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State of the Nation Address South Africa 2013

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President Zuma, presented his State of the Nation Address to South Africa on the 14 February 2013. The historical celebrated Valentines day. No love story was given. In this usual fashion he continued with business.
GDP growth is expected to be down to 2.5 from 3 of last year. A program for development is once again on the cards.
Expectation was in the air about how he was going to deliver on job creation to stimulate the economy and satisfy the throngs of young people desperate for work. Unfortunately in the four years of President Zuma serving in office, progress has not been quick enough to satisfy the demand. This year he hasconfirmed R3 billion has been approved for job creation incentives. These incentives are expected to be paid out to business owners who can employ new youth as part of the scheme.
Education was another hot topic on the agenda. Has enough been done to attend to the education needs of our children? Concerns over the state of schools in rural areas continues to be a problem. Our concern should not be the schools and what they look like but rather that whether the children are receiving the education they need to prepare them for life? Are we growing young entrepreneurs for the future who can create the jobs? 98 new schools have been repaired and established replacing mud schools. Emphasis was placed on the Grade 12 pass rate which is on an upward trend. More to improve Maths, science and technology are high on the agenda. These skills need to be developed in schools. Education is an essential service for our nation. We need to take education more seriously. Remuneration investigations of teachers salaries, has become a priority.
Health care was a focus in the last year and hospitals around the country are being upgraded. Unfortunately the service levels within most hospitals remains low. Are we educating and equipping our nurses with the self-motivation to care for their patients? President Zuma commented on the implementation of the national health plan in 2013. There have been 533 clinics developed and improved in 10 in pilot areas.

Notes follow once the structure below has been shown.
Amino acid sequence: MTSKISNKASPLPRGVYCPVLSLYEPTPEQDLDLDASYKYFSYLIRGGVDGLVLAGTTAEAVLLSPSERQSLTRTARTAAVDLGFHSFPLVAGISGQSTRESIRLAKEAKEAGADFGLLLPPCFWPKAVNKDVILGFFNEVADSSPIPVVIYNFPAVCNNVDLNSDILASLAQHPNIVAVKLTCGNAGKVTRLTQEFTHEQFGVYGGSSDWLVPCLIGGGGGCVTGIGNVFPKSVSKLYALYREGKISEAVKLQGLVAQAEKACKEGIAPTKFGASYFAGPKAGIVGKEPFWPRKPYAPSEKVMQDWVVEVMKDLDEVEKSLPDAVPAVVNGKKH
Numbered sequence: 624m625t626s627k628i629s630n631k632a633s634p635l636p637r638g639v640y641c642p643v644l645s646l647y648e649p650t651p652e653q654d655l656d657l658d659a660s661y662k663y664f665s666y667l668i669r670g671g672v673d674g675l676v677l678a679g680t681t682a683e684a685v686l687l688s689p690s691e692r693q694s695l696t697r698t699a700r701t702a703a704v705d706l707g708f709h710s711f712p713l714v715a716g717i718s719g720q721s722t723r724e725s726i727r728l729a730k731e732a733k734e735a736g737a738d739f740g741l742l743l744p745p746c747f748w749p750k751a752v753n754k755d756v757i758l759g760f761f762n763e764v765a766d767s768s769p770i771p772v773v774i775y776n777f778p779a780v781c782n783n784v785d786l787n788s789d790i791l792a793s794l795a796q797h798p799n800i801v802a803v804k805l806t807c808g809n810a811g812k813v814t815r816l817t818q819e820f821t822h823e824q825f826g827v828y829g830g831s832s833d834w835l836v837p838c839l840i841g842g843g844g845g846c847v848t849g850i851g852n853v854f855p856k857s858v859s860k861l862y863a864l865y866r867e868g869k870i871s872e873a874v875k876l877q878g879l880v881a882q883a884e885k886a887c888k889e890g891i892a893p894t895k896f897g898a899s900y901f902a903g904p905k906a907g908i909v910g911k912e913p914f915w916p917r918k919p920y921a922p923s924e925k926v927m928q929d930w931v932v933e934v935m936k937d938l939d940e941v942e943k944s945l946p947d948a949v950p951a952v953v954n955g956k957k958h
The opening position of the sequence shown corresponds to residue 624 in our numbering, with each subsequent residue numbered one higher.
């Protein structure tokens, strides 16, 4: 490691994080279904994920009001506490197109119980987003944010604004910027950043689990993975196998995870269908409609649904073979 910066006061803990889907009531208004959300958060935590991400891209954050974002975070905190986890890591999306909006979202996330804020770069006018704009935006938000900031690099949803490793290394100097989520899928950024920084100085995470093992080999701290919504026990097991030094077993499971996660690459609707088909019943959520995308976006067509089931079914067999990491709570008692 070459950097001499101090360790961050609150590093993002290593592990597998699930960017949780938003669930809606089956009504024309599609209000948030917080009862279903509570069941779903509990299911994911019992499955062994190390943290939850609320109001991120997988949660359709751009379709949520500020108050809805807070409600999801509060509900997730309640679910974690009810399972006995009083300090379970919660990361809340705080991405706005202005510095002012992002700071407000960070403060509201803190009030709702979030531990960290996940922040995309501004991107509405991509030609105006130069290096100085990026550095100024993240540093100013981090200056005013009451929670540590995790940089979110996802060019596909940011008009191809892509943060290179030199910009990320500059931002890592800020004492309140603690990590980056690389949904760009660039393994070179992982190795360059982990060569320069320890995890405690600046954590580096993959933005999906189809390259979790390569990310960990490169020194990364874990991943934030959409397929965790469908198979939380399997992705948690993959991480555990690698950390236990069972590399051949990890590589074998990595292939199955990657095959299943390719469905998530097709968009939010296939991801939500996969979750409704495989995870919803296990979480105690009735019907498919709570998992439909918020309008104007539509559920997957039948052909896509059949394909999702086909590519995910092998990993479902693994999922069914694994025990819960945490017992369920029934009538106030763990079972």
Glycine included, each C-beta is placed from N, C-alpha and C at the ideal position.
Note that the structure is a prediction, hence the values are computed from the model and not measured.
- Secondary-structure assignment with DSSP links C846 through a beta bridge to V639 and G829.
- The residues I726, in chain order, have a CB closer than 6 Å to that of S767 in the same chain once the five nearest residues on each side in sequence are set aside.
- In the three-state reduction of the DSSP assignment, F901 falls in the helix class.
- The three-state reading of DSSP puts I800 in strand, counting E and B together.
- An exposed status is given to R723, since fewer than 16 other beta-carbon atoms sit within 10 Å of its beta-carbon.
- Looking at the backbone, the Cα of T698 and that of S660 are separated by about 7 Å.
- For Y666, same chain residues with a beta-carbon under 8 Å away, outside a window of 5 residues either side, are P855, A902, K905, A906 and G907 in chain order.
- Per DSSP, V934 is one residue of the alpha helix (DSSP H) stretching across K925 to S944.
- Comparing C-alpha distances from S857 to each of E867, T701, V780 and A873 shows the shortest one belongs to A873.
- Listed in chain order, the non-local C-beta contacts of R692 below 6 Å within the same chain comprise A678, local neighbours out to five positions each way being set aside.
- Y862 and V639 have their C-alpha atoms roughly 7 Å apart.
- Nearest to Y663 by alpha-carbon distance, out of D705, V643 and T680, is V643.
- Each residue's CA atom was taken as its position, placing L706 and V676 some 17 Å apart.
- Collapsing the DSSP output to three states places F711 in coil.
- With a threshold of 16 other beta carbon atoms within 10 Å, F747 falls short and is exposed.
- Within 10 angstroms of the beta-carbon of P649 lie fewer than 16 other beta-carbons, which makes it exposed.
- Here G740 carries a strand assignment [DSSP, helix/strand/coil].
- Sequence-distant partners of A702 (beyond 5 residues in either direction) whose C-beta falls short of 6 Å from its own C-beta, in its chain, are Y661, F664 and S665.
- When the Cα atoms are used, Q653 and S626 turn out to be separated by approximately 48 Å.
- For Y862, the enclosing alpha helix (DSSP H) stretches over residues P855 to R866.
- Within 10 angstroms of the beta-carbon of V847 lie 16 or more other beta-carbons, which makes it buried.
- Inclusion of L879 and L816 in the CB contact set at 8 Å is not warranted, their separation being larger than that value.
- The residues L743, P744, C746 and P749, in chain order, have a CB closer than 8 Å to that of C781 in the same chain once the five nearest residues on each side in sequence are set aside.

Land reform is a highly immotive topic in South Africa. One that needs to be resolved within constitution. We need to be mindful of food security and farmer training when implementing land reform, said President Zuma. The government has no been able to meet land reform targets. The willing buyer willing seller system will be done away with. An adequate compensation system will replace this. 
Almost in the same breath, President Zuma raised the fact that urbanisation increased to 63 percent of the population. He seemed to intimate that it is more crucial to develop urban areas than it was to implement land reform. Due to the fact that most young South African people are more interested in business in urban areas than having to work on rural farms. He emphasised the need to help municipalities develop urban areas.
Rail development was a major point from the previous State of the Nation address. There has not been much visible effect since last years speech in the development of rail in South Africa. Majuba rail is to begin soon. Initial work on port in Durban has begun. A plan is still in place to develop rail. R860 billion has been spent on infrastructure in the past year. Other ports development has begun. Airport development has also begun. There is however talk of long term plans to develop rail throughout Africa to connect the country. Using natural resources in Africa to power such an effort. How is Africa going to pull together to make this strategy a reality?
Electricity infrastuture is developing at the same time, with some green energy in the basket.
The focus this year is on implementation.
President Zuma commented that the mining sector has had a difficult period. Nationalisation concerns have been laid to rest. A tax system review will be done, to see that it supports public spending requirements. This will include a review of the mining sector taxes. 
International companies are going to need to invest and work in Africa to develop the infrastructure required. Is South Africa ready for trading companies of international status or is Mauritius going to take the lead in the SADC region with more favourable tax regimes? South Africa has previously mentioned implementing more favourable tax systems to become the trading hub of Africa but we are yet to see a competitive proposal.
The president still has a long term, 20 year, infrastructure development plan for South Africa. The country has to keep on track from year to year to achieve this. This years budget speech appeared to have less promise and more of let’s get down to business. Implementation is the key.

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